Beware: HR Analytics leads to overconfidence
Overconfidence is a term used in psychology to describe a person bias for being right. The overconfidence effect is a well-established bias and describes a person’s subjective confidence in his or her judgments is reliably greater than the objective accuracy of those judgments, especially when confidence is relatively high.
Daniel Kahneman writes in his epic book ‘thinking fast and slow’ that “neither the quantity nor the quality of the evidence count for much in subjective confidence. The confidence that individuals have in their beliefs depends mostly on the quality of the story they can tell about what they see, even if they see little…our associative system tends to settle on a coherent pattern of activation and suppress doubts and ambiguity”. What this means in practical terms is that one would assume that
How is this relevant to HR Analytics you may ask? In many important ways. Imagine that you present a fantastic ‘Predictive Employee Turnover Analysis’ to your boss who is the head of HR. You have collected a ton of data, used complex algorithms and found the following conclusion: female leaders at level 3 and 4 who have been performing among the 10% best leaders (at those levels) for three straight years and have not received a promotion are 60% likely to leave the organization within one year. Wow. And based upon this analysis you suggest a targeted effort towards that group of leaders. You calculate that this effort alone will save the organization more than $3m a year.
Your leader is truly impressed and now ask you how confident you are that your result is correct. That this group of employees are that likely of leaving and that they effort will save that much money. This is a fair question because your boss has to make a decision based in part on your findings. What do you respond?
According to the theory of the overconfidence effect, you are likely to say a very high number. Perhaps even 90%. In any case, the number will be much higher than an objective accuracy of likelihood. Frankly this number is much lower than we think it is. And this is a problem because your boss then makes a decision based on wrong input from you. If he thinks you are right, he will underestimate the risk of the project – the risk of being wrong – hence estimating a too high ROI.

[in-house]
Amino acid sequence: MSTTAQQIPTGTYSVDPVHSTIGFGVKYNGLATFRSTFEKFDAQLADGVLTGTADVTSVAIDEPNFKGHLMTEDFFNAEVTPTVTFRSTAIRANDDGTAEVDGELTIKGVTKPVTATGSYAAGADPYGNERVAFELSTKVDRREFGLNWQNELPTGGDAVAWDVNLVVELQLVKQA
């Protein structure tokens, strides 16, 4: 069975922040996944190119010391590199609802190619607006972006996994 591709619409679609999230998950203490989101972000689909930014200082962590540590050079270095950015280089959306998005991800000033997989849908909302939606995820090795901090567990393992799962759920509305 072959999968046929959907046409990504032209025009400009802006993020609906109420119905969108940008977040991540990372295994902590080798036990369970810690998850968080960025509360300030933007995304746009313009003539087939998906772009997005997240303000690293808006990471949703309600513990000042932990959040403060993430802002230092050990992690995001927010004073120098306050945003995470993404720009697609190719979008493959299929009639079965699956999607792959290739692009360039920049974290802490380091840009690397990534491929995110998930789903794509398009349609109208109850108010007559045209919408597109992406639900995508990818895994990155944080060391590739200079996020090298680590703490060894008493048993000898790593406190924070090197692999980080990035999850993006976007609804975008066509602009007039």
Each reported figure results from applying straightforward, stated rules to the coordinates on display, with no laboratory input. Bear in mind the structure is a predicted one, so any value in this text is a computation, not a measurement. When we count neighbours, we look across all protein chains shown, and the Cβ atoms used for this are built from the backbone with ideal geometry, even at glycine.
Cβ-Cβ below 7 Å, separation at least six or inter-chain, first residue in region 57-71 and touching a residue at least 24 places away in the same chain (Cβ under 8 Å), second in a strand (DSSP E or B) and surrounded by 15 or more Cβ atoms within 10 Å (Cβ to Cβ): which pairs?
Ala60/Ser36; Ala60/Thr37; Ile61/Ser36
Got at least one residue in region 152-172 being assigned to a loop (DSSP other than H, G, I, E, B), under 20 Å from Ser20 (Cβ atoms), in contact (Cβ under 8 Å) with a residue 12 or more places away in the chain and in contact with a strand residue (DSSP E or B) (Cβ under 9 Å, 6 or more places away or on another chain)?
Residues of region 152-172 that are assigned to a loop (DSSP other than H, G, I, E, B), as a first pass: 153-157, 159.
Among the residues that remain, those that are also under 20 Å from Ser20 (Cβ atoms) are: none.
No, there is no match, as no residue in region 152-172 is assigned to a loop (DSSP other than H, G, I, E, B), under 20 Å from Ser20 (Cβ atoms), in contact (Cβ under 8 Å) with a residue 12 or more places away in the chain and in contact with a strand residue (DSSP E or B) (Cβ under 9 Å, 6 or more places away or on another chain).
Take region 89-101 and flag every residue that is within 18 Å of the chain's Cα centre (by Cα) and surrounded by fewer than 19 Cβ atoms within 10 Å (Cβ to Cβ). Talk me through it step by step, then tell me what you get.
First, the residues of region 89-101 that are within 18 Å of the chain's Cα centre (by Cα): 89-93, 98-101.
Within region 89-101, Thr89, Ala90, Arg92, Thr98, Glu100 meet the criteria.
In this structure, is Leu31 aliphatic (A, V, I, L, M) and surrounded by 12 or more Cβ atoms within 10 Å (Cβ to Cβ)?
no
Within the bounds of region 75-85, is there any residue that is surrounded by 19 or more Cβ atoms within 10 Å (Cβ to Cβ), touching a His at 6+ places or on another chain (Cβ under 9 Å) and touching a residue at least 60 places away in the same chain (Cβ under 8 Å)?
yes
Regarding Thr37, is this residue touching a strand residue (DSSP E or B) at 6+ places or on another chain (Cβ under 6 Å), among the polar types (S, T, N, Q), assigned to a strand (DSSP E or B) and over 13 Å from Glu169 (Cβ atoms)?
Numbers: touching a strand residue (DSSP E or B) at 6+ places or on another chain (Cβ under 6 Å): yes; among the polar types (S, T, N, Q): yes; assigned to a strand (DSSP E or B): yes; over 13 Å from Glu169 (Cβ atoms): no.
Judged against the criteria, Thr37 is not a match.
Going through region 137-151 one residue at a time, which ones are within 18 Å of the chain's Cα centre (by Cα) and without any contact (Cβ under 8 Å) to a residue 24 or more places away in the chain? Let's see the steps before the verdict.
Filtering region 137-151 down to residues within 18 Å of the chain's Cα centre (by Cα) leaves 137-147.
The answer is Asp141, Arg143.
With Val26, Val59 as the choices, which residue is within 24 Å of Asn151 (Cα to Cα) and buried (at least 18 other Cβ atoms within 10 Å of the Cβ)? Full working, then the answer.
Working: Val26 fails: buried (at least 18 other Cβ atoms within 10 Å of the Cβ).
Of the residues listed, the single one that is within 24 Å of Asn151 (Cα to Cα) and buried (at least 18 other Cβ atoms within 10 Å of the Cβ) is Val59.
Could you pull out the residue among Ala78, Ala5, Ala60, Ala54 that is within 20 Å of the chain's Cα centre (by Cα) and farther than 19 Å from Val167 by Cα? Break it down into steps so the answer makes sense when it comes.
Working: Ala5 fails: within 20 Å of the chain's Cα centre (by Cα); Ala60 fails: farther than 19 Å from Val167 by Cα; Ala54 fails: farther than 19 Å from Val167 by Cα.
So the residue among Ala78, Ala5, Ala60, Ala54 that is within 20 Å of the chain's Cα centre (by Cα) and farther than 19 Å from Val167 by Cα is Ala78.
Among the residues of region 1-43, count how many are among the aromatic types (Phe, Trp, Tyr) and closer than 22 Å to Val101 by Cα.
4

Why will you make a higher estimate of the correctness of your finding? According to the theory and what I have experienced many times in reality is that because when we work with data over a stretch of time, as such a project mentioned above would imply, we are slowly developing a story in our minds. A working hypothesis if you will. And slowly we are only finding data which supports our hypothesis. This is a natural inclination. We confirm our hypothesis when we work with data.
The solution to this problem, which is quite a significant problem; always have a steering group for your projects with many types of people, continuously present your findings and assign someone to be the devil’s advocate and make it that persons responsibility to ask the stupid questions and challenge your beliefs and hypothesis’.
Overconfidence is by the way only one of many biases we carry with us and which work against us. A couple of others such as cognitive dissonance, illusory correlation, availability and anchoring. They are subtle but important and possible devastating to good analytics.
My main message here is as follows; we would like to believe that because we work with data and facts we then automatically make decisions that are more rational. We do not. We have a fantastic ability as human beings to disregard facts and make decisions based on irrational biases. If we can overcome this natural tendency then working with data and facts will make our decisions so much better. Exponentially better. But we must continue to work on our psychology.